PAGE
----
Lewis Ludlam answers our snapshot of questions 12 months on from emerging in the talks around the England World Cup squad.
The Northampton Saints flanker spoke to NICK CAIN about other areas of the game following on from their in-depth conversation about race in society, his upbringing in Suffolk, and rapid progress from Wanderers to World Cup.
My dad had never been involved in rugby at all, but after England won the World Cup in 2003 he became interested. Since then I think he’s missed only four games in my whole professional career. He was there in Japan too – and he did try to play in a game a couple of years ago, but ended up pulling a hamstring.
I’m happy to play rugby in whatever form that is. I’m champing at the bit.
I learned how to take the pressure off, and view big games as just another game of rugby. To be relaxed, confident, and enjoy the experience. I also recognised that what motivates me is working hard for 14 other players, looking after your team-mates, because you are all working for the same thing.
It’s still quite limited in terms of what we can do. It’s just passing the ball – but it’s better than throwing it at the garden wall, or to the missus, who was getting a bit sick of having to catch it. We are hitting tackle bags and sausages, but they are being disinfected between reps, and even the balls are being disinfected between exercises. We’ve all also been given our own distanced weight stations in the gym – it’s tedious, but it’s a necessary precaution.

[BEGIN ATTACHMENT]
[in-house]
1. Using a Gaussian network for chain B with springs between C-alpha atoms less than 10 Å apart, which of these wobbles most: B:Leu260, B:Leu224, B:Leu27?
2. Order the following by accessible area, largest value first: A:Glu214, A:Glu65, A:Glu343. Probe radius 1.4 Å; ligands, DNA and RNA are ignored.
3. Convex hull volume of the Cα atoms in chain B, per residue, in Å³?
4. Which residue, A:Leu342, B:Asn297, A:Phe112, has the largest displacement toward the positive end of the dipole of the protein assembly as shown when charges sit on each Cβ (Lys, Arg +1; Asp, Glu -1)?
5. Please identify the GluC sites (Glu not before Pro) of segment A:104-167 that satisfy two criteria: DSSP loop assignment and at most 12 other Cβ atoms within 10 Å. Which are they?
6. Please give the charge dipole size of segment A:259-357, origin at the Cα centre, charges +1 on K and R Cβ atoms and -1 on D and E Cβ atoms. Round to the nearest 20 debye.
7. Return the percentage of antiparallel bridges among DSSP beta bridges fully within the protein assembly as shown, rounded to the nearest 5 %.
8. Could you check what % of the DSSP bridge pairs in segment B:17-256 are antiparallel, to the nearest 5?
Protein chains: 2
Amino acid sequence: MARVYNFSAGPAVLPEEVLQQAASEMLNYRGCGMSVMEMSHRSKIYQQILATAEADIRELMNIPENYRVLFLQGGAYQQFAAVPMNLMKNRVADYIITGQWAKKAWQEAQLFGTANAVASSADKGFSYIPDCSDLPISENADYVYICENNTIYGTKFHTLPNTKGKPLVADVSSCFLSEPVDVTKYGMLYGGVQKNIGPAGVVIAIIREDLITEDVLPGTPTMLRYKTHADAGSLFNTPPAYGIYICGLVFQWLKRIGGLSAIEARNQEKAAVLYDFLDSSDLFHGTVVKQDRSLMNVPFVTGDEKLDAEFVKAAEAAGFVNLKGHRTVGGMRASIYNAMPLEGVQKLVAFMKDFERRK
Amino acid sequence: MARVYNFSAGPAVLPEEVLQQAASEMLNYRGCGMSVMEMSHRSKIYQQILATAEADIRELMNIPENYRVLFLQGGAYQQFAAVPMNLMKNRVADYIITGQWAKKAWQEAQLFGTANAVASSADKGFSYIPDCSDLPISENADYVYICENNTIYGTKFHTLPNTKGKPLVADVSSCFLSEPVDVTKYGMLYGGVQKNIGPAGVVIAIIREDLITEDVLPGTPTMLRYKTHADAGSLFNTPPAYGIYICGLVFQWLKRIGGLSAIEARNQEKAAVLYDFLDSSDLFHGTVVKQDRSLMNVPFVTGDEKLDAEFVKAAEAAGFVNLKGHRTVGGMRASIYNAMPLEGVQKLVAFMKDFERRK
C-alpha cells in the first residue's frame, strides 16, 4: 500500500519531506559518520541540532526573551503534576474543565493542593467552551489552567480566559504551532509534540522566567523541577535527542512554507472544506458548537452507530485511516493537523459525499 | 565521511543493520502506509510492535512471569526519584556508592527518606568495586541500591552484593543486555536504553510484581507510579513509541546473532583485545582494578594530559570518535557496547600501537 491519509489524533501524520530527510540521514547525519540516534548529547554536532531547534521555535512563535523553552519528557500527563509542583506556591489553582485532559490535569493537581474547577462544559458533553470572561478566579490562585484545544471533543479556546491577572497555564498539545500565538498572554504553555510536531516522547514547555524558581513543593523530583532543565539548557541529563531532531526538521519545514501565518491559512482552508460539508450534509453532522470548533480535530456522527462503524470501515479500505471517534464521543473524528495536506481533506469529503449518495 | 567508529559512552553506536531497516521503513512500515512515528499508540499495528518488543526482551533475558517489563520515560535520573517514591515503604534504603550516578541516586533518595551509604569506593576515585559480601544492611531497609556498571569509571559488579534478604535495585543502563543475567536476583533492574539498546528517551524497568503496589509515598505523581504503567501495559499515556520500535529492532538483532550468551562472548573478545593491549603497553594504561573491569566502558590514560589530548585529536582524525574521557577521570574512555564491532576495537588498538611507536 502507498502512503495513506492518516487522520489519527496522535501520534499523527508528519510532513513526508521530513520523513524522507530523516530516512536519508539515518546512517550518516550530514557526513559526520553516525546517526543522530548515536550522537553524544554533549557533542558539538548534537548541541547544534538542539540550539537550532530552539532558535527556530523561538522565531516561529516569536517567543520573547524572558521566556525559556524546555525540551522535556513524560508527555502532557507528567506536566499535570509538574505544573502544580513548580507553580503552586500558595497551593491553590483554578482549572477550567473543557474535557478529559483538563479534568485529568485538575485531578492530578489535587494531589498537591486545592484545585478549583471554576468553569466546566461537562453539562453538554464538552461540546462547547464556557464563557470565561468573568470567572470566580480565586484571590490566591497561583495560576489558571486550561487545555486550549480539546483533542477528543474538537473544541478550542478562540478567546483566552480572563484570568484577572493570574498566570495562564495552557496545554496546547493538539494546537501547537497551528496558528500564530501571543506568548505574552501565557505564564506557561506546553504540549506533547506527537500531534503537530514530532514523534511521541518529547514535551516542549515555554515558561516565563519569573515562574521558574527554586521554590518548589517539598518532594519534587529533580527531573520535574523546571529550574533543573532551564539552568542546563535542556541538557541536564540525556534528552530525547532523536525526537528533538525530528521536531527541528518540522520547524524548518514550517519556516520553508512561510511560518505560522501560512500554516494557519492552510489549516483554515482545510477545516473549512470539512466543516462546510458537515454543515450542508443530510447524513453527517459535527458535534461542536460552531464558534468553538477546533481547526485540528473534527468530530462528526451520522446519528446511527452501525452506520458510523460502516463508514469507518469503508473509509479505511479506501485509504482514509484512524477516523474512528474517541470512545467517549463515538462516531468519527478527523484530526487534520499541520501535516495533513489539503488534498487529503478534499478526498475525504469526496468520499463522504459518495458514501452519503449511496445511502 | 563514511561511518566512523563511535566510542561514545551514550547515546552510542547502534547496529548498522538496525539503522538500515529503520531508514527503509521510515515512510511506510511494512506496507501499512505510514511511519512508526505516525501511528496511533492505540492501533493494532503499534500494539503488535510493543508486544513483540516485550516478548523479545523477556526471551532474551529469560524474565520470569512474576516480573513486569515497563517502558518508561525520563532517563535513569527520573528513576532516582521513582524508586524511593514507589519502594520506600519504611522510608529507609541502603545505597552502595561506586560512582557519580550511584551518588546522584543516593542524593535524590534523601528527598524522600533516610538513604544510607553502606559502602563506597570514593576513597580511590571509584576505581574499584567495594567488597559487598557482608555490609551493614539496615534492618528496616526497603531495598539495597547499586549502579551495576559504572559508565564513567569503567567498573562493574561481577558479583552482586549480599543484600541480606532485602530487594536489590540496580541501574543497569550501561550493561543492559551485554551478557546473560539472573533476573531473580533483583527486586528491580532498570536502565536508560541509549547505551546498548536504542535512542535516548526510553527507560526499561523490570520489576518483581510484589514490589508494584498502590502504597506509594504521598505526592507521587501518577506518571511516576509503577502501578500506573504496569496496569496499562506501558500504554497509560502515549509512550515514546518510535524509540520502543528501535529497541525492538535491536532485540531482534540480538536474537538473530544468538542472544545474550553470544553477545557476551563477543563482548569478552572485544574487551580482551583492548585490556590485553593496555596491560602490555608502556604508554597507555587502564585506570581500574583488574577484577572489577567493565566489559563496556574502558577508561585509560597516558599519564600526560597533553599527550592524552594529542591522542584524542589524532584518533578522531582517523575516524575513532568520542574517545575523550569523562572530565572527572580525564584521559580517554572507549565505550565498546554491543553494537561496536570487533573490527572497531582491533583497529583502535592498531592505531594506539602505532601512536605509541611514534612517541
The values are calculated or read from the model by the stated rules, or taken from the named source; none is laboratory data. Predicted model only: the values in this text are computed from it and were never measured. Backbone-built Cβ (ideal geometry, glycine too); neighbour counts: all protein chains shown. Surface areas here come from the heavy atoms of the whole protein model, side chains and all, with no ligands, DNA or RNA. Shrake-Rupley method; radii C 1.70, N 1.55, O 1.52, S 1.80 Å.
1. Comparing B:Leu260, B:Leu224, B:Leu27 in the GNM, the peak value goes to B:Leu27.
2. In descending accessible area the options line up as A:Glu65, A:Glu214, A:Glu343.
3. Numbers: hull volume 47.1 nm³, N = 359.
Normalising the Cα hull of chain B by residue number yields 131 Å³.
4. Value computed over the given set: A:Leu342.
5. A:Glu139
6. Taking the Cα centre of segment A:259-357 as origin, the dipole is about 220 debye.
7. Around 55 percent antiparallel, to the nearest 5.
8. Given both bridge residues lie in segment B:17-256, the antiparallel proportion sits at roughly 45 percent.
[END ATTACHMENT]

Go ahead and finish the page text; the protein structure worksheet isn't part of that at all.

Just before lockdown me and my girlfriend moved into a new house, and we got a Viszla puppy at the same time – so there’s been loads to get me up in the morning and get on with. It’s actually been good to plan your own day, rather than having it planned for you all time. For instance, it’s given me time to sort out a training regime for the dog, and he learns really well – in fact, he’s done more training than I have!
We were not as wealthy a family as some of my schoolmates, and seeing some of their gaffs – which were a lot bigger – was a bit of an eye-opener.
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